The National Council for Voluntary Youth Services (NCVYS) was a membership network of over 290 diverse voluntary and community youth organisations, including regional and local networks, that work for the personal and social development of young people across England. The Council would share good practice and supported the work of its member organisations, helping them to build their capacity to deliver quality youth work. It is also the only national, independent representative body for the voluntary and community youth sector. It works to raise the profile of youth work and influence public policy that has an impact on young people and youth organisations.
The Council's predecessor, the Standing Conference of Juvenile Organisations (SCJO), was established on 24 March 1936, at a meeting of representatives of eleven of the largest voluntary youth organisations (then known as 'juvenile organisations'), in order to promote mutual co-operation and coordination between their organisations. They met under the auspices of the National Council of Social Services (NCSS), now the National Council for Voluntary Organisations (NCVO). The first meeting of the SCJO took place on 26 May 1936. The founder organisations were: the National Association of Boys' Clubs, the Boys' Brigade, the Young Men's Christian Association, the Young Women's Christian Association, the Girls Guildery, the Church Lads Brigade, the Girls Friendly Society, the Boy Scouts Association, the Girl Guides Association, the National Council of Girls Clubs, and the Girl Life Brigade. It was decided that each of these organisation should have two representatives on the conference, and Captain Stanley Smith of the Boys' Brigade was elected as the first Chairman.
The Standing Conference was renamed a number of times. The SCJO became the Standing Conference of National Juvenile Organisations (SCNJO) in October 1939, and then the Standing Conference of National Voluntary Youth Organisations (SCNVYO) in September 1943. It finally adopted its present name, the National Council for Voluntary Youth Services (NCVYS), on 15 September 1972. The majority of its funding to cover administrative expenses came from membership subscriptions. From 1939, membership was open to national juvenile organisations formed for the primary purpose of assisting the mental, moral and physical training of youth for citizenship, which were non-political and had a membership of at least 10,000. In 1972, a revised constitution was adopted, which included a new statement of aims: 'to endeavour to meet the needs and aspirations of young people by strengthening and supporting the work of its members'. It aimed to do so by 'encouraging the effective identification of young people's needs', 'supporting joint action and sharing resources at all levels', 'expressing views to statutory and other bodies on matters concerning young people' and 'encouraging provision for young people and opportunities to influence the service offered to them'. Member organisations were no longer required to have a membership of over 10,000. There were now two categories of membership - full and observer members. Moreover, full membership was now open both to national voluntary youth organisations, as well as local councils for voluntary youth services.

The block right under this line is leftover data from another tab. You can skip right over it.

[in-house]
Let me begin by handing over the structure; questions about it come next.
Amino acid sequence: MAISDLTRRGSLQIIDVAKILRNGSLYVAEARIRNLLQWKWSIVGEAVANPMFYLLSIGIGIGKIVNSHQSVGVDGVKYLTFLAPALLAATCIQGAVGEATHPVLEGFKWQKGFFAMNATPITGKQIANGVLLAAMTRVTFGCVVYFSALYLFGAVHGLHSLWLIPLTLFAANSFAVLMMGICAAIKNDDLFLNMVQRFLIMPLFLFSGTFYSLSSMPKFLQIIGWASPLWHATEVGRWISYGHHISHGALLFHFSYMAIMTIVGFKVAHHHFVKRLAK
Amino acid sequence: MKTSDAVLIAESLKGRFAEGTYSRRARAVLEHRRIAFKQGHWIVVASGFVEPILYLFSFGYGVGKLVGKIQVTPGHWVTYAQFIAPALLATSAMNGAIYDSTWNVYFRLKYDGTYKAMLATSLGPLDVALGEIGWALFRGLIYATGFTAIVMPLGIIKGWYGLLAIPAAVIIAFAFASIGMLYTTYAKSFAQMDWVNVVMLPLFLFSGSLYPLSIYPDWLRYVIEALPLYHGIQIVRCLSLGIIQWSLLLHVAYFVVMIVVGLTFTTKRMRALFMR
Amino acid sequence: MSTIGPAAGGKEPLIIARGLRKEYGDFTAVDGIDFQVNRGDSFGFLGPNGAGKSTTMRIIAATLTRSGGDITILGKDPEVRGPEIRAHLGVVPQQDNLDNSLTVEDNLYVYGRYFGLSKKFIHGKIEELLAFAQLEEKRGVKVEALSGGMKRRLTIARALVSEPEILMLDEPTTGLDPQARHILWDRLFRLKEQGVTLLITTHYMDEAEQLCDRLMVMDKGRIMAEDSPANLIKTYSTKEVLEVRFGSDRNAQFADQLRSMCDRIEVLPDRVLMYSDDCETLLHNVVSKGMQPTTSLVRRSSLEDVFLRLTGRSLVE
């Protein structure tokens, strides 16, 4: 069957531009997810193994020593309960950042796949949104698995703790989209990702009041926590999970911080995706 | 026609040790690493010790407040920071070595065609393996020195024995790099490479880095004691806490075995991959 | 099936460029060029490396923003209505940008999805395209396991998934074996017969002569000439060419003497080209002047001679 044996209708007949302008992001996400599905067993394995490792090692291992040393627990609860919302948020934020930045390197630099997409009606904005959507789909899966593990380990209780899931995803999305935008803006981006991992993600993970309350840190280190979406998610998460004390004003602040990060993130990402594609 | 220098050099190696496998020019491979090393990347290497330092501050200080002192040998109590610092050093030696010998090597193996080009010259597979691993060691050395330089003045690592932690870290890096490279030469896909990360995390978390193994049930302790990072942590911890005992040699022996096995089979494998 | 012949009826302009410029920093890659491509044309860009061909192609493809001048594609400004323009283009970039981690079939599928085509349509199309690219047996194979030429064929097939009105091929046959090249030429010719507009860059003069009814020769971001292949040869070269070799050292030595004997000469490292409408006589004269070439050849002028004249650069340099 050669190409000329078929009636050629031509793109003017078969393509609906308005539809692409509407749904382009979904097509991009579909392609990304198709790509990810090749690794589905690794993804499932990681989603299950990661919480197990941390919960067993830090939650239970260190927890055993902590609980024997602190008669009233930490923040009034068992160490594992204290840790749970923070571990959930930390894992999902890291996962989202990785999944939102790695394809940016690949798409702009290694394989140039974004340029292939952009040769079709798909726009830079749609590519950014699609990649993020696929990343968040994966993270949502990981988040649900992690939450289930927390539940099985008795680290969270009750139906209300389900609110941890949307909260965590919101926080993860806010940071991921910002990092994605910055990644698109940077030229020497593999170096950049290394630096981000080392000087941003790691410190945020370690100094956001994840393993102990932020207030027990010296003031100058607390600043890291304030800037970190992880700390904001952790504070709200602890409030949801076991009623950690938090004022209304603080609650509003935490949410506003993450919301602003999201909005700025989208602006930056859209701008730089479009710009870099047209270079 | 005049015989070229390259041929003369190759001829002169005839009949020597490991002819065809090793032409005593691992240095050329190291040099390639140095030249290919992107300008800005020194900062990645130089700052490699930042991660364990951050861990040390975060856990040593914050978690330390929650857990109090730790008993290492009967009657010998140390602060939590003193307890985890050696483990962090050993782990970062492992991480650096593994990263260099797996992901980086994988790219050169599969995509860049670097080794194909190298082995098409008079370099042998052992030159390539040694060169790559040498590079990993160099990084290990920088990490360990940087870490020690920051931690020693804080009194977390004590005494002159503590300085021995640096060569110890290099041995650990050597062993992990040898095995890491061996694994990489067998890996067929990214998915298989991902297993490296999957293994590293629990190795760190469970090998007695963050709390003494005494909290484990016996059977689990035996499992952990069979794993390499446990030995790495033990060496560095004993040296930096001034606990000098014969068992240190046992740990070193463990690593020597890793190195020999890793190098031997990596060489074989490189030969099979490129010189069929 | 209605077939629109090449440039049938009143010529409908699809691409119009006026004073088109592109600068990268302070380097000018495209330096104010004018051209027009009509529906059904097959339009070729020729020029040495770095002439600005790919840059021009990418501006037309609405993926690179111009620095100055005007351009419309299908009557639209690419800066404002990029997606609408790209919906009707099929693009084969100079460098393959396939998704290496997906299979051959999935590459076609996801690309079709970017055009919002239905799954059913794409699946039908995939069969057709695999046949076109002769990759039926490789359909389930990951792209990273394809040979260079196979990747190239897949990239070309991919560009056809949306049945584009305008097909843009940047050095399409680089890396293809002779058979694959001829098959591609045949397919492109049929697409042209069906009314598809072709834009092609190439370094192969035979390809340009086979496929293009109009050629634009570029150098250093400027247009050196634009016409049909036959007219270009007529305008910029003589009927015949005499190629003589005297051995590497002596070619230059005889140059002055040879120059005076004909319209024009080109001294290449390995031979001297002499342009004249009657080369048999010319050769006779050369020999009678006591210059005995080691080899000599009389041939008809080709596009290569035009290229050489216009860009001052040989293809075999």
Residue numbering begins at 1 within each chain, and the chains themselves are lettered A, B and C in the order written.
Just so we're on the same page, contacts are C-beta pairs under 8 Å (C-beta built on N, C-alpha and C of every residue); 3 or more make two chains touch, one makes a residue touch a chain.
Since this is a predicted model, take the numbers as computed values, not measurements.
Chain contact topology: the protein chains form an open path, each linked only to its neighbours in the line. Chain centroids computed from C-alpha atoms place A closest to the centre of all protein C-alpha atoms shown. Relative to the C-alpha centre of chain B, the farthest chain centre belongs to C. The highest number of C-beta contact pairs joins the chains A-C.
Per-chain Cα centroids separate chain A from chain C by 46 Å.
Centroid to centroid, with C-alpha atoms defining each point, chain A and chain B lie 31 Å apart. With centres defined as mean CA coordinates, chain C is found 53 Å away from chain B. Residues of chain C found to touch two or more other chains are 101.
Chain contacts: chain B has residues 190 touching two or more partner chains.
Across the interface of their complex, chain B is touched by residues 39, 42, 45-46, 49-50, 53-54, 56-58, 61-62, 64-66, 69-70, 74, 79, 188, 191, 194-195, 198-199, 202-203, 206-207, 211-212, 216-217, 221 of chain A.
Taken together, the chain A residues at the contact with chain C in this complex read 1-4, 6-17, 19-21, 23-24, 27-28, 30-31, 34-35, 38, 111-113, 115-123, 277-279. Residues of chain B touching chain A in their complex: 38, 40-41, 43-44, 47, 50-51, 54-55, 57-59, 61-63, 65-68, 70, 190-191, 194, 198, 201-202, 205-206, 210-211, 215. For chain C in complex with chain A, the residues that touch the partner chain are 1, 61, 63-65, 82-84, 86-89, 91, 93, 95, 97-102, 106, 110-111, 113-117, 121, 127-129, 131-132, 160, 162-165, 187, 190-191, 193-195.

The secretary of the conference was initially seconded from the NCSS, however, in 1938 the conference defined itself as 'an independent body, answerable only to its constituent organisations, but working in association with NCSS'. By 1941 it felt the need to hire its own full-time secretary. A gradual separation from the NCSS took place, and NCVYS finally became fully independent on 1 April 1980. However, it still remains a member of NCVO.
From early on, several sub-groups and committees were established, which reported to the regular meetings of the Standing Conference, such as the 'Training Group', the 'Juvenile Delinquency Group' and the 'Publicity Group'. Furthermore, numerous regional, Local Standing Conferences also grew up, and national meetings of all the local conferences were held biennially. Youth Liaison Officers worked to support these Local Standing Conferences, as well as liaising with Local Education Authorities. The Standing Conference worked closely with the various predecessor bodies if the Department for Education (such as the Board of Education, the Ministry of Education and the Department for Education and Science), and with various other government bodies, such as the National Fitness Council and the National Youth Bureau. Other bodies it worked with over the years include the Save the Children Fund and UNESCO. It, moreover, fostered international relationships with youth services in other European countries, organising successful youth exchange programmes.
The organisation produced regular publications, such as the SCNVYO Bulletin, annual reports and youth service directories. Throughout the 1970s NCVYS was involved in the production of reports on issues such as the age of consent, young people and homosexuality, and the homeless and young, (although the one on homosexuality was never formally endorsed), and in 1986, the NCVYS Council approved a 'Policy to Promote Equality of Opportunity for girls and young women, people from Black and other ethnic minority groups, people with disabilities and lesbian and gay people', entitled 'White Man's Foot in Blossom'. Over the years NCVYS has run many conferences, campaigns and initiative. Some key concerns of the organisation have included issues such as: the raising of the school leaving age; supplementary education and leisure provisions for young people; social education; tackling youth unemployment; housing conditions for young people; the recruitment and training of youth leaders; encouraging the participation of young people in decision making; fighting discrimination; and exerting influence on the passing of legislation affecting young people and youth organisations.